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european linden wood guitar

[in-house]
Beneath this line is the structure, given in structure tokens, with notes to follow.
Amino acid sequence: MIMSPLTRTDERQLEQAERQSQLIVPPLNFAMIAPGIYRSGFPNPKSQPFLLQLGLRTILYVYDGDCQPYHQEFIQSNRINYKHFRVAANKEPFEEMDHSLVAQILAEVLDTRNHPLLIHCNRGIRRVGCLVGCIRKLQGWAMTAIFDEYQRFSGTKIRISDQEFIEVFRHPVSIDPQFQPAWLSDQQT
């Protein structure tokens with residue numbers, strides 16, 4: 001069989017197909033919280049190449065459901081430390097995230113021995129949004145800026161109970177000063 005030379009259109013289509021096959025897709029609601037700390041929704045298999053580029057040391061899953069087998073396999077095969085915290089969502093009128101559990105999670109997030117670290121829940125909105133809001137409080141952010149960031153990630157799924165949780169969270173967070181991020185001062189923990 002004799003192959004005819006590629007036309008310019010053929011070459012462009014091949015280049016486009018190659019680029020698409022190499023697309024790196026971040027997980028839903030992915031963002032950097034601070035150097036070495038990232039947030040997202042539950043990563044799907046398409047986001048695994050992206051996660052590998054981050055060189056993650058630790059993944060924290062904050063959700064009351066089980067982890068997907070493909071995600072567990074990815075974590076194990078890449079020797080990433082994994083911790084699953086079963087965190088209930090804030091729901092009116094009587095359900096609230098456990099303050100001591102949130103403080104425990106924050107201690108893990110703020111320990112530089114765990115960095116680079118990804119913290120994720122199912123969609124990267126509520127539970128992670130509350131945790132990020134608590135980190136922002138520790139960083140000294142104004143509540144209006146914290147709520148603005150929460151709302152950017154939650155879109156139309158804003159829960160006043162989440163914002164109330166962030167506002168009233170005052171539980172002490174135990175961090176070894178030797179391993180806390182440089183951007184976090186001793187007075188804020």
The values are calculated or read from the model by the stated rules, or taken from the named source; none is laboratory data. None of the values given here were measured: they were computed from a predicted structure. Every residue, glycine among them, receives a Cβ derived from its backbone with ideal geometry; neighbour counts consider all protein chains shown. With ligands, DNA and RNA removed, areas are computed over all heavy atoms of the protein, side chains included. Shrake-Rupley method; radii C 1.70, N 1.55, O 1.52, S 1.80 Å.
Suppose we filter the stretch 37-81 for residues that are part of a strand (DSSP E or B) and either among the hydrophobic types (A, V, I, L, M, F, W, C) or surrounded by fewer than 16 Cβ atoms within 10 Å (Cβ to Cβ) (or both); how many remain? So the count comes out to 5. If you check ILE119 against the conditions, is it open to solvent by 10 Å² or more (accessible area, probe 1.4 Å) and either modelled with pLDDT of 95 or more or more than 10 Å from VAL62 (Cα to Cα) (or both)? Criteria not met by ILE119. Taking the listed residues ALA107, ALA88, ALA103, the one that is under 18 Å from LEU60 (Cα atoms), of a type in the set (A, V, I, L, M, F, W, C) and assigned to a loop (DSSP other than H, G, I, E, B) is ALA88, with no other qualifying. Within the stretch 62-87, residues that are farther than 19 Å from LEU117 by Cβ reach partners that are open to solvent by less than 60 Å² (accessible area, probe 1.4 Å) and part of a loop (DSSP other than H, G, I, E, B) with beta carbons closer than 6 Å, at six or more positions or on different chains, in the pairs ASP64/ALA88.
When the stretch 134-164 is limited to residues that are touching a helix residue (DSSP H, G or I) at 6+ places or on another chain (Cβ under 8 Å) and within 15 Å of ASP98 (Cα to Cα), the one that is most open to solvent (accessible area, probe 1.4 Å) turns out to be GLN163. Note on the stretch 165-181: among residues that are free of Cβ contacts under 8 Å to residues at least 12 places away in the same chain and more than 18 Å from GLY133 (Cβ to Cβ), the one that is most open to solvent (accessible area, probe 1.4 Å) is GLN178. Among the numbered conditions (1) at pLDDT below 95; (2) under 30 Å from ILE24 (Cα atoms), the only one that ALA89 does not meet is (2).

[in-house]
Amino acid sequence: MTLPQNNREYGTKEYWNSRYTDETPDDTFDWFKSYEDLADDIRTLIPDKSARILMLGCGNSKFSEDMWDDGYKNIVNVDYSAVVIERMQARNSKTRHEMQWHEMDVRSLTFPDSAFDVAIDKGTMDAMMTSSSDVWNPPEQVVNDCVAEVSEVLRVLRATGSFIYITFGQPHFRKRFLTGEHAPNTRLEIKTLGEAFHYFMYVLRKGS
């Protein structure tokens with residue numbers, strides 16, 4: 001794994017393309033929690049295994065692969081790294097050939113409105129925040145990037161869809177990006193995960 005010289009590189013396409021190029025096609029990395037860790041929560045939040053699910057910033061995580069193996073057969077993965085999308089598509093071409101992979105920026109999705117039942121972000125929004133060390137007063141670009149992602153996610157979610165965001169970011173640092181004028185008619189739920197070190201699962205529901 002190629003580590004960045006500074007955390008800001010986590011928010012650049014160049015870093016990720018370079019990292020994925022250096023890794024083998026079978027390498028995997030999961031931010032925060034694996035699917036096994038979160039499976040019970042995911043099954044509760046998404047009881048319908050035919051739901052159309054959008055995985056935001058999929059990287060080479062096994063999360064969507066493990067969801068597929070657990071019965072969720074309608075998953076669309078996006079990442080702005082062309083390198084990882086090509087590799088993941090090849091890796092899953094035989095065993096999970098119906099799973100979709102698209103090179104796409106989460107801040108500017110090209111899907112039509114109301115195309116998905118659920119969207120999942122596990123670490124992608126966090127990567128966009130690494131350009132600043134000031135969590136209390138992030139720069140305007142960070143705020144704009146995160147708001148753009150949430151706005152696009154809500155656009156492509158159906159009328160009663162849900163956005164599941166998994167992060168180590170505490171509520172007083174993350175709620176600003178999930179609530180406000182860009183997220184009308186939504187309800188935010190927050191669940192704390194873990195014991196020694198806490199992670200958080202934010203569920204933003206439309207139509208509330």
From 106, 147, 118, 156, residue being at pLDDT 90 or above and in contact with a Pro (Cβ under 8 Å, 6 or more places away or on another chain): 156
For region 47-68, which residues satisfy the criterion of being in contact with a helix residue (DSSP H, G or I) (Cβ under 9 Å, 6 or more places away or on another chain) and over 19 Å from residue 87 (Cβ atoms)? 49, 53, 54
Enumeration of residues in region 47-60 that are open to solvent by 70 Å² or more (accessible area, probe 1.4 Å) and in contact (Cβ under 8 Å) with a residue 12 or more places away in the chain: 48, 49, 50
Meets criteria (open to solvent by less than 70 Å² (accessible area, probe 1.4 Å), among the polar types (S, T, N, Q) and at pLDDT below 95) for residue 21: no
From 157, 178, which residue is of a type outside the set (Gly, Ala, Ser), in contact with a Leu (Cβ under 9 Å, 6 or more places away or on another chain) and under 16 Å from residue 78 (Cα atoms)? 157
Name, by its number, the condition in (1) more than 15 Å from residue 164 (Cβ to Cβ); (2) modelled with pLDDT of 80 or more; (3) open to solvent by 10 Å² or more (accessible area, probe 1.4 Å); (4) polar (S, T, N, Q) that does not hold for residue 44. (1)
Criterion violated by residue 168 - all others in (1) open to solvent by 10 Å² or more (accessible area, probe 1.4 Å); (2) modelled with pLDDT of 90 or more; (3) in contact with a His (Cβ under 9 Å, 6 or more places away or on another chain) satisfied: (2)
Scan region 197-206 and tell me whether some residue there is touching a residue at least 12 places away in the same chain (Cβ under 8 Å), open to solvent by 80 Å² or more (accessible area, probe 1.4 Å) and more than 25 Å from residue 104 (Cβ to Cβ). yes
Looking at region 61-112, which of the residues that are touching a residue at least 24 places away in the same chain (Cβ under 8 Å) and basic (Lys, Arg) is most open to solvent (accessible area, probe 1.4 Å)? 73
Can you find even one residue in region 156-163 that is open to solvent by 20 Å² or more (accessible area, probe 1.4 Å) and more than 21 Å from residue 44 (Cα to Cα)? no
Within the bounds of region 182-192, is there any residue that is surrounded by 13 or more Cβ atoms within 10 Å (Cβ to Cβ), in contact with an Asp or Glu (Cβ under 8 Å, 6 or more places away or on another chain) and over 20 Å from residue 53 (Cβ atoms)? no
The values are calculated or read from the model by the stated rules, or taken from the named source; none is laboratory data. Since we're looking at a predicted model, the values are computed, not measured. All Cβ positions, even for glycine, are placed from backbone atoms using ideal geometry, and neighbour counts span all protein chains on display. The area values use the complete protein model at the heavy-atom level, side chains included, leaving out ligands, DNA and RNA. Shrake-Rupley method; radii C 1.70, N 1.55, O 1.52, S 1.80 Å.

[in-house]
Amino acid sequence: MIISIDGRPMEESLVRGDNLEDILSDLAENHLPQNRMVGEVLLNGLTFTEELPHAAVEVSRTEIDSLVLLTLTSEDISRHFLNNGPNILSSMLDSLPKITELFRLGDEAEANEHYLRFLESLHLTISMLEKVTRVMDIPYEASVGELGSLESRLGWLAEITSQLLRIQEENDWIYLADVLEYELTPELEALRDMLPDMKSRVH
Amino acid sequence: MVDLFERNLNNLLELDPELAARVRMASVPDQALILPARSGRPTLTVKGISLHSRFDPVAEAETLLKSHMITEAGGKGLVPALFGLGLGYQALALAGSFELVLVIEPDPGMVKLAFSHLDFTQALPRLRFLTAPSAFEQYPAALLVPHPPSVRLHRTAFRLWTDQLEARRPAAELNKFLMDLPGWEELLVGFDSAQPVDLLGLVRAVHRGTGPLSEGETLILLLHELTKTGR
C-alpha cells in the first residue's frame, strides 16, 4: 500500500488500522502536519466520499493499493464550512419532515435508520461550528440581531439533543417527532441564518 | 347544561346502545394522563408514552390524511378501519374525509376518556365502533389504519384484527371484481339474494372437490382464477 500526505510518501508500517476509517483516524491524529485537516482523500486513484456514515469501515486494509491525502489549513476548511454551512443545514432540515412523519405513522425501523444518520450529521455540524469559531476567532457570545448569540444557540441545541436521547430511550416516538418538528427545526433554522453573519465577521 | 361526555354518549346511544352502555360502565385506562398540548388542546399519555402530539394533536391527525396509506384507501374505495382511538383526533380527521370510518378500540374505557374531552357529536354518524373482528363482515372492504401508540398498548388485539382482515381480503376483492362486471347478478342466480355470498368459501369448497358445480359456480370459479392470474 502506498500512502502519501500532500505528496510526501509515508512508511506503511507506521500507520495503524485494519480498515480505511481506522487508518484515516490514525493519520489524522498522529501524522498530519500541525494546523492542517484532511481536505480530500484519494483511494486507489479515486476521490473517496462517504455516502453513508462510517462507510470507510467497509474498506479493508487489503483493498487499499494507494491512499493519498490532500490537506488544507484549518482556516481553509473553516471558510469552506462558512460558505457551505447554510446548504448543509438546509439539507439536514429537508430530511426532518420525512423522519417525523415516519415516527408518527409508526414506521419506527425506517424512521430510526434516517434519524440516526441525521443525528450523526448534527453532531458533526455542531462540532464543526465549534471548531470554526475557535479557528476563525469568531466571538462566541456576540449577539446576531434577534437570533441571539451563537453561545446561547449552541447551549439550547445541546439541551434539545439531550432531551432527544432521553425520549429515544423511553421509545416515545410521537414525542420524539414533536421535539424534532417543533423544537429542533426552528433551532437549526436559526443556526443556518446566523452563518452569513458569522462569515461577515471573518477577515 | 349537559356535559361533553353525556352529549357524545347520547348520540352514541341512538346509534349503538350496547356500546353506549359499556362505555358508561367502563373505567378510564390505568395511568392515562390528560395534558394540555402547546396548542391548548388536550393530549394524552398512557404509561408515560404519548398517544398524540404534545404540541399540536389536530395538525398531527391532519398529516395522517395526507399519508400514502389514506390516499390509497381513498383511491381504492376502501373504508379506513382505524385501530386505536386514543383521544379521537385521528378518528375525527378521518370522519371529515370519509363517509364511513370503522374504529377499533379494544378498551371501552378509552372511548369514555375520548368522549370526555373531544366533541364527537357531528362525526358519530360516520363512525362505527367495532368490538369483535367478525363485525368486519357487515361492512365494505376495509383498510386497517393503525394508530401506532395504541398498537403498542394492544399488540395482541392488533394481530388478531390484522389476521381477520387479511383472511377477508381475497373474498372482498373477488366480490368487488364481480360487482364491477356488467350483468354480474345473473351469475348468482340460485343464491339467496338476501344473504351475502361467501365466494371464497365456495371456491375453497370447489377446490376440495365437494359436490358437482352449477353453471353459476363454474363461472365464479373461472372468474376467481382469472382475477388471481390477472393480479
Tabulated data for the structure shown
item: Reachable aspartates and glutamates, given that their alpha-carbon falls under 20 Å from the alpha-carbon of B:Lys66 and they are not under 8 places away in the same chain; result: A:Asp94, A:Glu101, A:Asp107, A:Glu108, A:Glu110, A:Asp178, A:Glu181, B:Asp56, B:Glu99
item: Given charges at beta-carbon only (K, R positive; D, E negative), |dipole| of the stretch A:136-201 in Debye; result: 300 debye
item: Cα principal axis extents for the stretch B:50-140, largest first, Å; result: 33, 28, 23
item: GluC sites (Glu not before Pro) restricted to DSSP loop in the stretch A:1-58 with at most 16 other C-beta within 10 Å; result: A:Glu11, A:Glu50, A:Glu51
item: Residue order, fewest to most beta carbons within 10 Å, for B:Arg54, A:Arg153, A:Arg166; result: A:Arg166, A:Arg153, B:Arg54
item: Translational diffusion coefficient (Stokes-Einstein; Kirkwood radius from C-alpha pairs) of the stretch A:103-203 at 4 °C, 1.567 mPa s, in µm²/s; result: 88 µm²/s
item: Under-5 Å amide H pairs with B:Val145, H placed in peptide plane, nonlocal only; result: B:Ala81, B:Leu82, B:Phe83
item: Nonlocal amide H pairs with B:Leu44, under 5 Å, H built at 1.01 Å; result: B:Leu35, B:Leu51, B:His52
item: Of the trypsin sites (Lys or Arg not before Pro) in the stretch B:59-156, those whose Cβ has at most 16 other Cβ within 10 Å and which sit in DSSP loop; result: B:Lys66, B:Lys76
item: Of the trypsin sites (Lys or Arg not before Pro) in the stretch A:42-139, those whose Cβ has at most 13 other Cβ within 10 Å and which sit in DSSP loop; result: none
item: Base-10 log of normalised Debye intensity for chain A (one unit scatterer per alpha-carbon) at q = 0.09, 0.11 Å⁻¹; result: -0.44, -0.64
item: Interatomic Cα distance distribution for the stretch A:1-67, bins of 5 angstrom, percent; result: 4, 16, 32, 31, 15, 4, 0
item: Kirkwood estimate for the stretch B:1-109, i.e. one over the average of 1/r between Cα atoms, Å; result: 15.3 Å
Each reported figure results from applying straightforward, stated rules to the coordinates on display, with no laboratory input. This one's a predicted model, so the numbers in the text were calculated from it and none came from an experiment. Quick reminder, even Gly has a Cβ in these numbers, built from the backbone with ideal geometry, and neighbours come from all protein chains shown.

It is now quite commonly used for making electric guitar bodies. When used in guitar production linden wood is usually referred to as basswood. Both woods can make great guitars. Toward the end of the late 80’s, a few other types of tonewoods were mistakingly thought to be basswood which lead to a decline in basswood’s popularity. I simply find that spruce guitars require that I play with more precision in order to get my desired sound. Nice collection of information. Here at Ernie Ball Music Man, we ensure the best quality basswood and instill the highest level of craftsmanship for our instruments. limewood is a loose term, the lime tree is genus, namely tilia, and has several species, for example, bass wood = tilia americana,,,, there are at least two european species of lime wood trees, namely "sommer linde"=summer limewood with broad leaves and "winter linde"=winter lime wood with small leaves. Other spruces: I’ll have to update this when I get some comments and more. On the other end of the spectrum, Sitka Spruce has been a problem for me, with trebles that ring but dull mid-range and bass. ), and Illawarra flame tree (Brachychiton acerifolius.) Bradford’s generalization of the sound of cedar: I find cedar guitars to be warmer, darker, and fuller sounding than spruce guitars. With age and playing, the guitar becomes warm and rich. Hi, generally, the basswood in the citries and ar taugghnnock park is the little leaf variety-european which blooms =earlier. Brought to you by Bradford Werner, British Columbia, Canada. Not (usually) a topwood, it isn’t even a softwood. Cedar is much newer on the scene, having become popular and widespread in its use, starting in the mid-1960’s. However, there are many more factors that contribute to the overall sound of the guitar. That being said, my conclusion is that the sound is very subjective and the decision whether to choose from a spruce or a cedar guitar is frequently influenced by many factors like: “what wood is my teacher’s guitar made of?”, “what wood was the first guitar it amazed me made of?”, “what is the sound I am conformable and pleased with”, “what sound I am looking for”. However, how do we measure volume, through loudness or projection? I appreciate the unique qualities of each wood, and the choice depends on the player’s preference. Play the guitars of a luthier to hear what sound will result from what woods and design. I bet you can find an answer on delcamp or some forum…, Check out this one on delcamp: Many guitar and bass bodies are made from Mahogany.There are 49 types of Mahogany, but many are practically extinct because of the wood’s popularity for furniture and musical instruments, and the types used today are not the same as the Mahogany used in guitars in the 1940s or 1950s. nick says: June 29, 2012 at 4:28 pm. The Ernie Ball Music Man JP6 guitar is made completely out of basswood. Check out this nice summary via Siccas Guitars YoutubeSiccas Guitars Youtube. Also follow us on Facebook, Twitter, YouTube, Instagram, and Patreon. Since I’m a player and not a luthier I will fill out this article with quotes from reputable luthiers and guitarists. Email Us +1.610.932.7400. ‘near-the-player-volume’ of my previous cedar top. I have to be that this creates a lingering bass to ring under the normally long sustains of the treble. Basswood is one of the most frequently talked about tonewoods out there and there are many factors that go into the choice of wood for our instruments here at Ernie Ball Music Man. It's a great time to upgrade your home music studio gear with the largest selection at We also share information about your use of our site with our trusted social media, advertising, and analytics partners. Click to share on Twitter (Opens in new window), Click to share on Facebook (Opens in new window), The Process Behind the Cliff Williams Icon Series StingRay Bass, The Jason Richardson Artist Series Cutlass – Now Available in a 6-String Model and a new Buckeye Burl Finish, St. Vincent Offers A Masterclass Teaching Creativity and Songwriting, Artist in Focus: Beamer Wigley with Brotherhood of the Guitar, The John Myung Artist Series Bongo Six String Bass, Artist in Focus: Jersey Sullivan with Brotherhood of the Guitar, Artist in Focus: Q&A with Sam Sugarman of Childish Gambino, Artist in Focus: Lyric Dubee with Brotherhood of the Guitar. A simple way to fill and enhance wood grain and pores on a guitar body. Related Species: Basswood (Tilia americana) Scans/Pictures: A special thanks to Steve Earis for providing the wood sample and turned photo of this wood species. The genus occurs in Europe and eastern North America, but the greatest species diversity is found in Asia. In most cases the tops are cut from split billets, so runout, which is so often seen in European spruce, is minimal. A simple way to fill and enhance wood grain and pores on a guitar body. Maple, European Ukulele Backs and Sides. The American Linden is … I lie not! 4A Grade: Usually the European spruce we carry is from the Alps of Switzerland, but from time to time we have German spruce, Italian, and Ukranian spruce. Every person is different and there is a guitar for each person. Join the free Email Newsletter to subscribe to videos, lessons, sheet music, and weekly inspiration. As far as my own building, my guitars with California Redwood tops have been the most successful. I currently own a spruce because I wanted the best possible tone, projection, and balance. Certain pieces of basswood sound great, and other pieces can sound really bad. Basswood is also one of the most suitable wood species for hand carving in our factory. Re: Basswood ? I can’t say that it’s more available than European spruce because so few people are cutting Lutz spruce for guitars.” via Delcamp Forum. European spruce yields a distinctive sonic profile relative to other spruce species. Zunyi Raysen Musical Instrument Manufacture Co., Ltd., Experts in Manufacturing and Exporting Acoustic guitar, Ukulele and 965 more Products. Learn more about the Ernie Ball Music Man Bongo here. 1 Response to American Basswood or European Linden; What is the Difference? But please let me know about Italian Spruce, Adirondack Spruce, etc.. Western Red Cedar: These large diameter trees can produce excellent cuts with straight grains. We use technologies, such as cookies, to customize content and advertising, to provide social media features and to analyze traffic to the site. Only Genuine Products. There is a tactile difference here, perhaps related to the generally quicker development of the note in cedar. Since I had a less expensive cedar one for many years, I was looking for a spruce one for a change. So, if I generalize that cedar is fuller sounding than spruce, this is not necessarily true. I do sometimes miss the full-bodied sound and perceived (?) A Verified CN Gold Supplier on Play the guitars of a luthier to hear what sound will result from what woods and design. As we’ll learn, the rest of any acoustic guitar might be solid or layered. These distinctions are subtle and not always apparent. Also, don’t forget that there are good and bad cuts of wood so a bad cut of expensive European spruce might not sound good at all. American basswood is derived from the northernmost to the southernmost portions of the eastern United States and as far west as North Dakota. Other names include linden for the European species, and basswood for North American species. My understanding of Spanish Cedar is that it is from central and south America but I know little more. Spruce is the traditional wood that was used for centuries of guitar making. Cedar is “punchier”, often with more headroom and is sometimes described as “darker”. Several players have commented on their balance and richness of overtones. This makes sense that it could handle to high pressure and intensity of steel-string guitars. Both are great in the hands of professionals but if you’re a student I’d recommend cedar. Cedar bears a distinct, pleasant odor and is slightly more porous, which may contribute to a faster responding sound. Eastern red cedar, familiar from cedar chests and closets, is really a juniper. These include internal structure, thickness of material, pattern and shape of the instrument, type of finish, and type of strings. Beginner 36” Classical Acoustic Guitar – 6 String Junior Linden Wood Traditional Guitar w/Wooden Fretboard, Case Bag, Tuner, Nylon Strings, Picks, Cloth, Great for Beginners, Children – Pyle PGACLS82 $ 109.99 $ 90.49 Add to cart; Sale! I have heard, however, that sitka also makes excellent classical guitars if the design matches the wood properly and if one can find a decent lightweight cut or braces lightly. However, poor availability of high grade cuts means that you might be better off going to an alternative with a high quality cut. In fact, in many cases it’s exactly what a player is looking for. And I have played, built and hear pretty good guitars made of different woods (top, back and sides and bracings). It is generally stiffer and heavier than the rest of the spruce varieties. The tree reaches 50 to 70 feet tall, with a trunk diameter of up to 3 feet. Spruce and cedar tops seem to be the standard, although I have googled and come across a luthier in Paraguay that uses Walnut and various Maples for some of his tops. Identification. I agree with the general description of both. Link/Source: Monrad Guitars, Marcus Dominelli on Spruce & Cedar: It’s possible to generalize between spruce and cedar if you’re comparing them built in the same style, for example, fan braced cedar to fan braced spruce. The basswood body features a high-gloss, durable finish with stylish lines and an ergonomic scooped arm contour. This is something that holds true for most tonewoods, but especially basswood. Maybe they don’t project as directly or clearly but can fill a room with lots of sound. Boutique builders will often utilize more exotic wood species, such as Brazilian rosewood, cocobolo, or koa, but the limited supply of these materials means that these options – though visually striking – are simply not available at the more modest price points. Sitka also goes through drastic change over time relative to red spruce or cedar. It often takes some time to adapt the appropriate right hand follow-through to compliment each wood. Guitars and basses with blonde finishes typically have ash bodies because the wood “takes” that particular finish especially well. I've also heard that some of the European pines are acceptable for carving. I bought an expensive Cedar top. Cedar is forgiving of student technique. If you compare the weight of less expensive guitars to more high-end models made of basswood, you will find that most high-end guitars weigh less and normally sound better. The second most common guitar-neck wood after maple, mahogany is most often coupled with a solid mahogany or mahogany/maple-topped body. This is partially due to it wide availability, large diameter logs and high yield. i guess its the old saying you get what you pay for .in both types of guitars . Link/Source: Guitar Salon International FAQ, Marcus Dominelli on whether spruce guitars project better: When comparing spruce and cedar guitars, built in a traditional fashion I totally agree that spruce guitars tend to project better to the back of the hall. You indicate your consent to this use by clicking “I Agree” or by continuing to use this website. The Bongo bass collection features a double cutaway basswood body, made with superior construction. The American basswood or linden has large, heart-shaped leaves, which grow from 5 to 10 inches long and are dark green. the cedar is very tonal thin almost tinny but has steel strings prob of not good quality , my spruce has nickle bronze and it ,, for the moment blows the cedar away for deep rich sound with very pleasing ring out almost bell like , there exactly opposite what I expected , however the cedar has issues 1, nasty strings 2, only having it 3 hours It feels and sounds very dehighdrated so unfare comparison even the bridge and neck I see are little high so once I tech the cedar I’m sure it will have a far more pleasing dark sound , just wanted to say strings, highdration, setup, I feel certain blind testing most people would guess spruce was cedar and vice verse , so I think I agree with the experts lots of factors ,,, I susspect my post is redundant ha ha. Tilia is a genus of about 30 species of trees or bushes, native throughout most of the temperate Northern Hemisphere. Maple, European Ukulele Backs and Sides. spruce is a fine top as well i guess its what you are looking for in your own style one thing i can tell for sure ,is that the type of string you are choosing. Eric Monrad on topwoods:I build  soundboards with both spruce (European and American) and cedar. Other cedars: Today, it seems that Western Red Cedar is used most often. The wood that is used to create a guitar makes a huge difference to the sounds that the guitar will produce. Of course, not all Lutz is going to be great wood; you can never make absolute statements about a species of wood. Buy Blueberry B-D38-Black, 38" Linden Wood Acoustic Guitar for Rs.7990 online. Beyond this, the sonic differences are subtle. Learn more about our Terms, Conditions, Cookies, & Privacy Policy. Don’t forget that there are good and bad cuts of wood so a bad cut of expensive European spruce might not sound good at all. I have a engelmann spruce and it has a wonderful tone, however, it might not have the quick response and clarity of a euro. Everything you think is true about guitar woods or design can be proven wrong or enhanced by a skilled luthier. Find out more about the Majesty guitar offerings here. A lot of controversy surrounding basswood stems from the fact that it varies in quality. The wood is generally stiff and lightweight making it great for classical guitar tops. I personally tend to prefer European spruce, but North American spruces, particularly Adirondack and Engelmann, can be very attractive. Copyright © 2020 Bradford Werner, & Under the Cronquist classification system, t… My only problem with engelman is that it is often very soft, and run-out is more common in engelman than sitka. Depending on which Majesty you’re referring to in John Petrucci’s signature collection, it may have basswood and it may not. I agree that, even when the top is the main sound provider, all the other materials, designs and building techniques, play a big roll on the quality/type of the final resulting sound. ... you can expect a small compromise in the cosmetics of the wood in exchange for a great value. The wood is also sometimes used for wind instruments, electric guitar bodies, and drum shells, and is still in use as a carving wood. Basswood is a very full-bodied sounding tonewood, and it especially makes sense for us to utilize it when adding elements like maple tops to give the instrument the overall package for more cut and brightness. It is maybe a bit more clear, balanced, and sometimes has more sustain. You can brace a Sitka spruce top with very lightly while tucking all, and I mean all braces. Lutz Spruce: Lutz spruce is a hybrid wood and appears to have much potential. Sitka can benefit from a less dense back/side pairing ie; mahogany over dalbergia. His guitars certainly are beautiful in appearance. Linden trees are herma… Is this True? So I think we sometimes hear what we expect hear. But between Cedar(s) and Spruce(s)… lots of overlap and lots of fine-sounding instruments out there! I always recommend that my students get cedars because that full bodied sound can cover up a lot of what would otherwise be poor tone or messy playing. Compared to engelmann, euro spruce has the same full tonal palette but maybe with a quicker response. If you are at a party with a bunch of gorgeous women and the subject of "Wood" comes up. PLACE AN ORDER. Engelmann Spruce: A white creamy coloured wood that is softer than sitka. I love engelman spruce too. Part of this seems to have to do with the sound we expect to produce. So you can end up with all sorts of combinations of sound. It is well known that cedar fences last longer than spruce fences. In Britain and Ireland they are commonly called lime trees, or lime bushes, although they are not closely related to the tree that produces the lime fruit. It does slice nicely, but I've tried some linden and it's not too bad (usually). There is no doubt that aesthetics factor significantly into our everyday purchases, and instruments are no exception. Spruce is usually more colorful. Sycamore is another good wood if that's available. Paul Reed Smith Guitars, PRS Guitars, Steinberger Guitars,Fender Guitars, Kramer Guitars, Ibanez Guitars, ... Basswood aka Linden: Tilia americana. But the cedar one I tried had more projection and a tone quite close the the Natural PF (spruce). Whether you are building a replica of a classic Gibson L5 or ES line jazz guitar. Therefore, it is available in high grades despite the quantity used. The guitar wood we offer is sourced in ecologically friendly ways including forest and urban salvage, commercial fruit and nut grove salvage, recycling and re-purposing. Also, what constitutes the sound warm or full anyway? Solid wood guitars do not contain laminated (layered) wood, so as an example if you own a solid top acoustic Martin D18, the top is all solid wood, not layered in any way. My understanding of wood like maple is that it dampens the sound, thus its use in bowed instruments. But once you get into other modes of construction, like lattices and double tops, the game changes, and it’s harder to compare the characteristics of the two woods. It is quite light weight and dark brown. Fast & Free shipping on many items! European Lime has good strength-to-weight characteristics, and tends to be slightly heavier and harder than its American counterpart. DOMESTIC WOODS The linden tree (also commonly known as basswood or lime tree, despite being unrelated to the fruit bearing bush of the same name) falls within the Tilia genus, a group of around 30 species of trees native to the Northern hemisphere. Dominelli on Lutz Spruce: “The thing that I like about Lutz spruce is this: It has the stiffness of Sitka spruce, with the light weight of Engelman spruce. But just don’t start comparing a spruce fan braced to cedar lattice, or a cedar double top!! Bradford’s generalization of the sound of spruce: I find that spruce has a very direct sound with a golden bell-like sound. In my listening experience, they are more articulate, and have better separation of notes, most of the time. Both are prized for their colour and stiff lightweight. Our design team prefers to use grain heavy wood to accentuate the look and sound of the instruments, but not all tone woods have such a nice aesthetic, basswood being one of them. Other members of the genus include the rose of Sharon (Hibiscus syriacus), phalsa (Grewia subinaequalis), durian (Durio spp. I don’t know much about it Gord but certainly light and stiff woods seem to be the go-to woods for tops so one it can be thin enough for response and stiff enough for structural and sound qualities. “It has been my observation that players who are used to spruce find it more to their liking; and those used to cedar prefer it. There are many influences on the sound of the guitar (body shape, bracing, strings, bridge saddle etc), but the type of wood used is one of the most influential. Depending on the body style and wood it's paired with, it can match well with sophisticated chords and fingerstyle arrangements, strummers with a firm attack, and any player looking for a responsive tone with nice complexity. Radoja Domanovica 1, 16000 Leskovac, Serbia +381 63 409801. 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However, I’ve tried to use information that I’ve seen listed in multiple places so as a generalization I’m hopefully correct. The only thing that could not be ever subjective about guitars is the volume and the projection (which it is also a factor that influences when choosing a guitar). Basswood’s pale white to light brown color is mostly uniform throughout the face grain of the wood, and knots and other abnormalities are very uncommon. I'd suggest getting some small pieces of local wood and experimenting with them. Since the 1980’s, basswood gained popularity and for a time was probably the most used wood for locking tremolo guitars and paired with maple necks because of how well they cut through the mix. Part seems to be that different techniques are required to obtain the best sound from each. To me, European Spruce produces the most sophisticated tonal range of all the top woods.” via Traphagen Guitars. Link/Source: Dominelli on Delcamp, Gregory Byers on Spruce or Cedar? It may seem louder to the player but in large halls spruce often carries better, perhaps because of its clarity.